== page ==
Now showing 1 - 4 of 4
  • Publication
    Clumped C-O isotope temperature constraints for carbonate precipitation associated with the Irish-type Lisheen and Navan Zn-Pb orebodies
    Mineral C-O isotope values are controlled by crystallization temperature and the isotopic composition of the fluid.
  • Publication
    Enhancing current understanding of Irish Zn-Pb mineralization: a closer look at the Island Pod orebody, Lisheen deposit
    (Society for Geology Applied to Mineral Deposits, 2017-08-23) ; ; ; ;
    Irish-type deposits are a series of Zn-Pb orebodies, formed from the carbonate replacement of Lower Carboniferous limestone, triggered primarily by fluid mixing. Current understanding of the complex fluid flow and mixing dynamics associated with mineralization is limited. By applying clumped O-C isotope analysis to these deposits, these processes can be constrained. Preliminary paragenetic studies of the Island Pod orebody (0.4 Mt @ 20% Zn & 1.6% Pb) have yielded textural evidence for early fluid mixing of sulphide-rich fluids, in a quiescent, far-from equilibrium environment, resulting in the rapid precipitation of dendritic galena and intergrowths of dolomite and sphalerite. Initial clumped O-C analysis has revealed temperatures of 100-170°C for hanging-wall white matrix breccias that accompanied ore formation. This technique will be used to constrain temperature variations across the orebody, thus yielding information on how the fluid evolved as precipitation continued. A more detailed paragenetic study is underway and will form the foundation of future clumped O-C isotope and Zn-Cu-S isotope analysis.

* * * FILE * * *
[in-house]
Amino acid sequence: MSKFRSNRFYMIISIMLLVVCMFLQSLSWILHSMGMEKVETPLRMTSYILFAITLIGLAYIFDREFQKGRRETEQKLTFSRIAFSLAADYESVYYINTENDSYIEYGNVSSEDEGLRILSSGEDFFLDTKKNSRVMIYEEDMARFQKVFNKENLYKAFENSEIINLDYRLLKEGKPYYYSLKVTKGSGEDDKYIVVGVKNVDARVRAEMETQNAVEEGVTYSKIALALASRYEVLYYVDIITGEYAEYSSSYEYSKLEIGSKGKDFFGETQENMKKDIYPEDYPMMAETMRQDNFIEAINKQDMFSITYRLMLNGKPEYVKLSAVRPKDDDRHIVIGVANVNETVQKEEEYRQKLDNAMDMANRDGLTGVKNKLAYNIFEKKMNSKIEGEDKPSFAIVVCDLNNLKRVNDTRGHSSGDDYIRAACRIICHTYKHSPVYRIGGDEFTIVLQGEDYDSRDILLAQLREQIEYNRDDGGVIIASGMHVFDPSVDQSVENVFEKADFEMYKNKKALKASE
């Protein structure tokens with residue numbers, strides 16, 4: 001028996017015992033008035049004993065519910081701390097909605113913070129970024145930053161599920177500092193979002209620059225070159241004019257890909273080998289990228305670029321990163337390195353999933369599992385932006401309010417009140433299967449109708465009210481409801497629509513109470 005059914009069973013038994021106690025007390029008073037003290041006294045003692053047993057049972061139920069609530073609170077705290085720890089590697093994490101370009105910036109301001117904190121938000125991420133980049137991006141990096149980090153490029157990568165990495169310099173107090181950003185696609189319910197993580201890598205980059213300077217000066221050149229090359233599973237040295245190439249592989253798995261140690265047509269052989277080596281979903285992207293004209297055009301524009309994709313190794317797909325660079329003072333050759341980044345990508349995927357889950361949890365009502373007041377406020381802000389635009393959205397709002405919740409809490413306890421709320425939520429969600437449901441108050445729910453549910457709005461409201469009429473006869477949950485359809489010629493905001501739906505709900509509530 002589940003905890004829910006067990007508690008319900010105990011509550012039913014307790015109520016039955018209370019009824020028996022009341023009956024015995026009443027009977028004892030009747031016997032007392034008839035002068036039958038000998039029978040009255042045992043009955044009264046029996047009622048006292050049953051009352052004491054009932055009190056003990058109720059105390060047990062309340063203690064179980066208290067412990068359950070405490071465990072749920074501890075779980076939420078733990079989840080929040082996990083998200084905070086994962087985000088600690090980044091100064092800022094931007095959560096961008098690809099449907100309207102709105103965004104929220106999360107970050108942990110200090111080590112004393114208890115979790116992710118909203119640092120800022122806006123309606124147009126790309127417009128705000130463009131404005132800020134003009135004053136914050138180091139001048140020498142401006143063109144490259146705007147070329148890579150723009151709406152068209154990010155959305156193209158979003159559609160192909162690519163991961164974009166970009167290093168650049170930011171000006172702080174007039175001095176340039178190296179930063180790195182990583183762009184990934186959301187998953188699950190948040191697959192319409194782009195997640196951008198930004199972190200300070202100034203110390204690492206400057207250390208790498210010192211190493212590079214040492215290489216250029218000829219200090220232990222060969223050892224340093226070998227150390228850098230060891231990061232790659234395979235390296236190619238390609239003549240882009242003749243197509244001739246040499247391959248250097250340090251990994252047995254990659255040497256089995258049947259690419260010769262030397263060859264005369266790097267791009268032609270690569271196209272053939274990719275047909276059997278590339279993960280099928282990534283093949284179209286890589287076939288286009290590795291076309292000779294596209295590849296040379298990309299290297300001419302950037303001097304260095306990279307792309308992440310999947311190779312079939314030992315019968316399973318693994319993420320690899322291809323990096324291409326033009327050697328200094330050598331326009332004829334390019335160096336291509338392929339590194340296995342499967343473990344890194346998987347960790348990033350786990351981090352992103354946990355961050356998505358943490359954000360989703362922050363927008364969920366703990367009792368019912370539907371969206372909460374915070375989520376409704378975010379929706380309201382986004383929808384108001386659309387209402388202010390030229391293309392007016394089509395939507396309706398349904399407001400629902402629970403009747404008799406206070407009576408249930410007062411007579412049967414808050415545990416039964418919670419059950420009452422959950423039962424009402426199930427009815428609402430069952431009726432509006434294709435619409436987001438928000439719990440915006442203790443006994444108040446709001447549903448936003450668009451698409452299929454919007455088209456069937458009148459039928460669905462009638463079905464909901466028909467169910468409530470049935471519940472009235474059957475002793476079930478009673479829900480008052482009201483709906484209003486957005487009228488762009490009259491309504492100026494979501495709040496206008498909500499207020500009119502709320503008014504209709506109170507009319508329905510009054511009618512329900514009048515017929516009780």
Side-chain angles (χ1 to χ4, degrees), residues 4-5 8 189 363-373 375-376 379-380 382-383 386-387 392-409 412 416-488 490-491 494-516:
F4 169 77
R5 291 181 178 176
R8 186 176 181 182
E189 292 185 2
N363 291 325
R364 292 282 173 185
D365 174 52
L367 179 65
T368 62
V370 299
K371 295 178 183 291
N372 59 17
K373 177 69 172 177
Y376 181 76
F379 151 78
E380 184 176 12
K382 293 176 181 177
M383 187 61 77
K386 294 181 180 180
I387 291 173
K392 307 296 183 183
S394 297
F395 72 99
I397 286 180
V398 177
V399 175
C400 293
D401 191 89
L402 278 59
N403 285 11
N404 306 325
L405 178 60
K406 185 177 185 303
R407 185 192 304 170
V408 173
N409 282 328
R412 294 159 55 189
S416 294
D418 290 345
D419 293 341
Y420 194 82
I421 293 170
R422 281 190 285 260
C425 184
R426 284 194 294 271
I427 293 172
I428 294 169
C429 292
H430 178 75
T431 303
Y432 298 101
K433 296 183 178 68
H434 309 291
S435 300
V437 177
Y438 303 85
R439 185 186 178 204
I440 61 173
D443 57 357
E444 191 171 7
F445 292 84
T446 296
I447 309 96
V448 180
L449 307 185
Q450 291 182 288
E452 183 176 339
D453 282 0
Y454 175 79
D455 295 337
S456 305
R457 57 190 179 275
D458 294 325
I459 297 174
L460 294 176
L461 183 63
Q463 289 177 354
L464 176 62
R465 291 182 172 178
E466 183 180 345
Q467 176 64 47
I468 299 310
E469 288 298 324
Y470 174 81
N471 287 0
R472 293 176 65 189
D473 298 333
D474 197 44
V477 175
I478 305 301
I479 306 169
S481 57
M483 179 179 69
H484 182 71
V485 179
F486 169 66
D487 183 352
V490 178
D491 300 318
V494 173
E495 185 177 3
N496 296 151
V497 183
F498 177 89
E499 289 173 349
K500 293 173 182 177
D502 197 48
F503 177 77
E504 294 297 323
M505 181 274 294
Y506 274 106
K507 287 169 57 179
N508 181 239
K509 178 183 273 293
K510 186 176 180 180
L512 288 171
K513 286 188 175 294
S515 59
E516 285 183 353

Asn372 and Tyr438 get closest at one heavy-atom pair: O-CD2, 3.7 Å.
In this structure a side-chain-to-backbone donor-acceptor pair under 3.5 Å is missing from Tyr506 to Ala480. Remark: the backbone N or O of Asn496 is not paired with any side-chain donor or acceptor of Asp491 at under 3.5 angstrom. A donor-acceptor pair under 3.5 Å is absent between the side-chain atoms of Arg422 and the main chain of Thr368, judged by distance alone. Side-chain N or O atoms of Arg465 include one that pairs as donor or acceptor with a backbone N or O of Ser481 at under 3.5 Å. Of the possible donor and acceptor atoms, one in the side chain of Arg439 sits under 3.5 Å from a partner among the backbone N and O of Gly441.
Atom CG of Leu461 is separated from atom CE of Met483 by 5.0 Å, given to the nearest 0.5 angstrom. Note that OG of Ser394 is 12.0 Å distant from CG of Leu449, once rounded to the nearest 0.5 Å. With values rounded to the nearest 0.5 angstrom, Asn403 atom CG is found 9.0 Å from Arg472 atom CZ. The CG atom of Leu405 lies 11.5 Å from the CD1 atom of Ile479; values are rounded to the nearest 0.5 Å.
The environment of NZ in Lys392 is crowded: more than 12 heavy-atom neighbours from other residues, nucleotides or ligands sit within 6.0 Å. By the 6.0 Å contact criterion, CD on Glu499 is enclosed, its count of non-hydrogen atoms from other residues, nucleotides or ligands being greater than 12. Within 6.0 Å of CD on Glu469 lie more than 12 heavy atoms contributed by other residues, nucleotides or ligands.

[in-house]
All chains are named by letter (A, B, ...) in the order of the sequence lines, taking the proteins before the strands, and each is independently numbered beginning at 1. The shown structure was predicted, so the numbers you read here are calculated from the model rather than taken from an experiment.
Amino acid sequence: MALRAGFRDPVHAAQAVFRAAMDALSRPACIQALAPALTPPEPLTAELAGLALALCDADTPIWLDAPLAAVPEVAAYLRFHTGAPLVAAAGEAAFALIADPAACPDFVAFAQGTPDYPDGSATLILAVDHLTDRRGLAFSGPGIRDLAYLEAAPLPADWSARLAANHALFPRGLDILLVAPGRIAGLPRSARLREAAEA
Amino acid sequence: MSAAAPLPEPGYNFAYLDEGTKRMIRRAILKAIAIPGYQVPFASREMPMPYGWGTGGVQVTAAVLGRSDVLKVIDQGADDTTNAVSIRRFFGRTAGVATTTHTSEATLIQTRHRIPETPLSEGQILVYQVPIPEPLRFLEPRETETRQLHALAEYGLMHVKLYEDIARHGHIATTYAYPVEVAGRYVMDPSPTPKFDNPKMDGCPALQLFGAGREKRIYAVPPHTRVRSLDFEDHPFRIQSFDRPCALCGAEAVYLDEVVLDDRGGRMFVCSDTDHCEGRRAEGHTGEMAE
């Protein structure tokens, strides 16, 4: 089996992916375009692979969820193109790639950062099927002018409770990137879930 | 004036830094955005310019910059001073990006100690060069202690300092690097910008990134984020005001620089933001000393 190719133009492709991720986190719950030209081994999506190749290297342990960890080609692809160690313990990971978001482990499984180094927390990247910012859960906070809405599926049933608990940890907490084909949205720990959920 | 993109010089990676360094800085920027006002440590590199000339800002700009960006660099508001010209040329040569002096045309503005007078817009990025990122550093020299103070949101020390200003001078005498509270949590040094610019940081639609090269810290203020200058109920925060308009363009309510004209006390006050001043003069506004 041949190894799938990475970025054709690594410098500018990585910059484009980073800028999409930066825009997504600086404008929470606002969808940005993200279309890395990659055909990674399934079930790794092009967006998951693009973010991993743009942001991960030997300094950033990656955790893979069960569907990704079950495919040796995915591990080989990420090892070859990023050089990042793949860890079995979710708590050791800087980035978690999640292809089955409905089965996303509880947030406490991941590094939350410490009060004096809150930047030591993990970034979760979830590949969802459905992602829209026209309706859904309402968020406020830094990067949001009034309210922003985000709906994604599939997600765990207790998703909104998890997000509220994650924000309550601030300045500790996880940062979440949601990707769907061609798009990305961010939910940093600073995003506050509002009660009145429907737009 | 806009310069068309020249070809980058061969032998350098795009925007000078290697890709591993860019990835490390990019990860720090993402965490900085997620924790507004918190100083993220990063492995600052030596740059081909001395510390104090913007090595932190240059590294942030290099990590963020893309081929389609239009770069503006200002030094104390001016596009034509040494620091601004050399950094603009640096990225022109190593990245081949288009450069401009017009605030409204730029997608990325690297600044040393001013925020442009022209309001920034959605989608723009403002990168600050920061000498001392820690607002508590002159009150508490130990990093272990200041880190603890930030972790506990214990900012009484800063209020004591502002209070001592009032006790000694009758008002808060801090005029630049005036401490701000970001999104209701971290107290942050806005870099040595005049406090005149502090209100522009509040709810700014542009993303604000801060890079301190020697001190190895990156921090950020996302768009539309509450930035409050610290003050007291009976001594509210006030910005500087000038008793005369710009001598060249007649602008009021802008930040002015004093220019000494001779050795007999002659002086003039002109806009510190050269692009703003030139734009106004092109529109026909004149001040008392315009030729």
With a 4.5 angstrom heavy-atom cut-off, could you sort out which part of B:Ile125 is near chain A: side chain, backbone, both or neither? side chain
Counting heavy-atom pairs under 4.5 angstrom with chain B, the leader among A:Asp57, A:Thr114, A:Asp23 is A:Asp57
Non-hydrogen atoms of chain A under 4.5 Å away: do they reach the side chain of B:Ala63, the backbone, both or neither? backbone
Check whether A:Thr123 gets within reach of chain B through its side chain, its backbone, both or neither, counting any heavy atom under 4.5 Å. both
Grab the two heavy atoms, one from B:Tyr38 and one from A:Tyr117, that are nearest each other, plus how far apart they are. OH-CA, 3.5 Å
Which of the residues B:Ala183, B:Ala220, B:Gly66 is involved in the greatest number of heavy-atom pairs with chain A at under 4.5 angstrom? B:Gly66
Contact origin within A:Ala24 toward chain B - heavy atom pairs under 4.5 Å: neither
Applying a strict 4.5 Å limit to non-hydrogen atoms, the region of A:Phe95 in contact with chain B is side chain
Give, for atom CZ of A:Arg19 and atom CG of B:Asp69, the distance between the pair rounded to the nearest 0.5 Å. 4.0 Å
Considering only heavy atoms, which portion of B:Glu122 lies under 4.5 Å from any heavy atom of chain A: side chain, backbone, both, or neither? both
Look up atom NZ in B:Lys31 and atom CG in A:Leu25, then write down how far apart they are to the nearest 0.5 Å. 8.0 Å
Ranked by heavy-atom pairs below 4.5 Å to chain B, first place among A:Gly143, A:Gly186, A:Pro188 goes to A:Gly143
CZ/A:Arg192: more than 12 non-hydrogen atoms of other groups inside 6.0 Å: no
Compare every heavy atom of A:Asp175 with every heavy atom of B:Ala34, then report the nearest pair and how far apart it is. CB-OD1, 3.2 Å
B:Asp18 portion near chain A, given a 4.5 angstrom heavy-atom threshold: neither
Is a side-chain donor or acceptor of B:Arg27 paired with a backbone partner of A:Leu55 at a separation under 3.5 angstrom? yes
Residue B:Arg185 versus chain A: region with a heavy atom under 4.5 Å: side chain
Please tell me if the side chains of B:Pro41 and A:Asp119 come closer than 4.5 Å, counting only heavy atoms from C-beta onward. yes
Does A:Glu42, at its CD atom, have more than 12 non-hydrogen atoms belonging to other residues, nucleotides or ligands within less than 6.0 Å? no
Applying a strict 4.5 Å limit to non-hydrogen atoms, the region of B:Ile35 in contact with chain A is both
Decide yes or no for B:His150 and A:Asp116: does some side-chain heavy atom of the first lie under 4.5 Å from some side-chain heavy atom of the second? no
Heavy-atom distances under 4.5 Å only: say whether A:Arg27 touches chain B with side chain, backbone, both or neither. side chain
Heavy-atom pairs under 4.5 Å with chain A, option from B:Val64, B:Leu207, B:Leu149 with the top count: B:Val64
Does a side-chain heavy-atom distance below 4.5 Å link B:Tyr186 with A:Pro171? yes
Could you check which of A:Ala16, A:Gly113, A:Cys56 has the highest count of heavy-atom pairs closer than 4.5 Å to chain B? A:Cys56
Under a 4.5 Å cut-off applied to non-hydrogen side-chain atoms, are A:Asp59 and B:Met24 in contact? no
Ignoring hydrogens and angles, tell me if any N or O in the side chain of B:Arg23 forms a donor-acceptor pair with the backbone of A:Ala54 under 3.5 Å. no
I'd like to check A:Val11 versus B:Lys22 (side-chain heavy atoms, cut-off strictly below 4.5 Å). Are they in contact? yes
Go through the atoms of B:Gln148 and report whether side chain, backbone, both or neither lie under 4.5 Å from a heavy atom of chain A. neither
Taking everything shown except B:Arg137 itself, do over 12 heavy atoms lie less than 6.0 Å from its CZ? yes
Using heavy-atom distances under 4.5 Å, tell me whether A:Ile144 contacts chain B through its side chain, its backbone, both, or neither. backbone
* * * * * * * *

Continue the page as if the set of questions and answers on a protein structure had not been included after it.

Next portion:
• Publication
    Constraining fluid mixing processes at the Irish-type Lisheen and Navan Zn-Pb orebodies: preliminary evidence from clumped C-O isotopes
    Our research has applied the clumped O-C isotope technique to the Irish Zn-Pb ore field. Preliminary clumped C-O data will be presented from the Lisheen Zn-Pb orebody (22.3 Mt mined at 11.7% Zn and 2.0% Pb) [4] along with fluid inclusion data . Samples were analysed from all main carbonate generations across the deposit , including: regional dolomite (D 1), dark grey to black pre-ore hydrother mal dolomite (D 2 ; also known as black-matrix breccia), medium-to-coarse-grained ore-stage white ferroan dolomite (D 3 ; white-matrix breccia) , late veins of ferroan dolomite (D4) and white calcite (C4), post-ore crosscutting pink saddle dolomite (D 5), and post-ore white blocky calcite (C 6). We will discuss existing metallogenetic models for the Lisheen deposit and the potential for clumped C-O analysis to constrain fluid flow pathways and mixing processes, and as a tool for mineral exploration .
  • Publication
    First Things First: Providing Metacognitive Scaffolding for Interpreting Problem Prompts
    When solving programming problems, novices are often not aware of where they are in the problem-solving process. For instance, students who misinterpret the problem prompt will most likely not form a valid conceptual model of the task and fail to make progress towards a working solution. Avoiding such errors, and recovering from them once they occur, requires metacognitive skills that enable students to reflect on their problem-solving processes. For these reasons, developing metacognitive awareness is crucially important for novice students. Previous research has shown that explicitly teaching key steps of programming problem-solving, and having students reflect on where they are in the problem-solving process, can help students complete future programming assignments. Such metacognitive awareness training can be done through personal tutoring, but can be difficult to implement without a high ratio of instructors to students. We explore a more scalable approach, making use of an automated assessment tool, and conduct a controlled experiment to see whether scaffolding the problem-solving process would increase metacognitive awareness and improve student performance. We collected all code submissions by students in both control and experimental groups, as well as data from direct observation using a think-aloud protocol. We found that students who received the intervention showed a higher degree of understanding of the problem prompt and were more likely to complete the programming task successfully.
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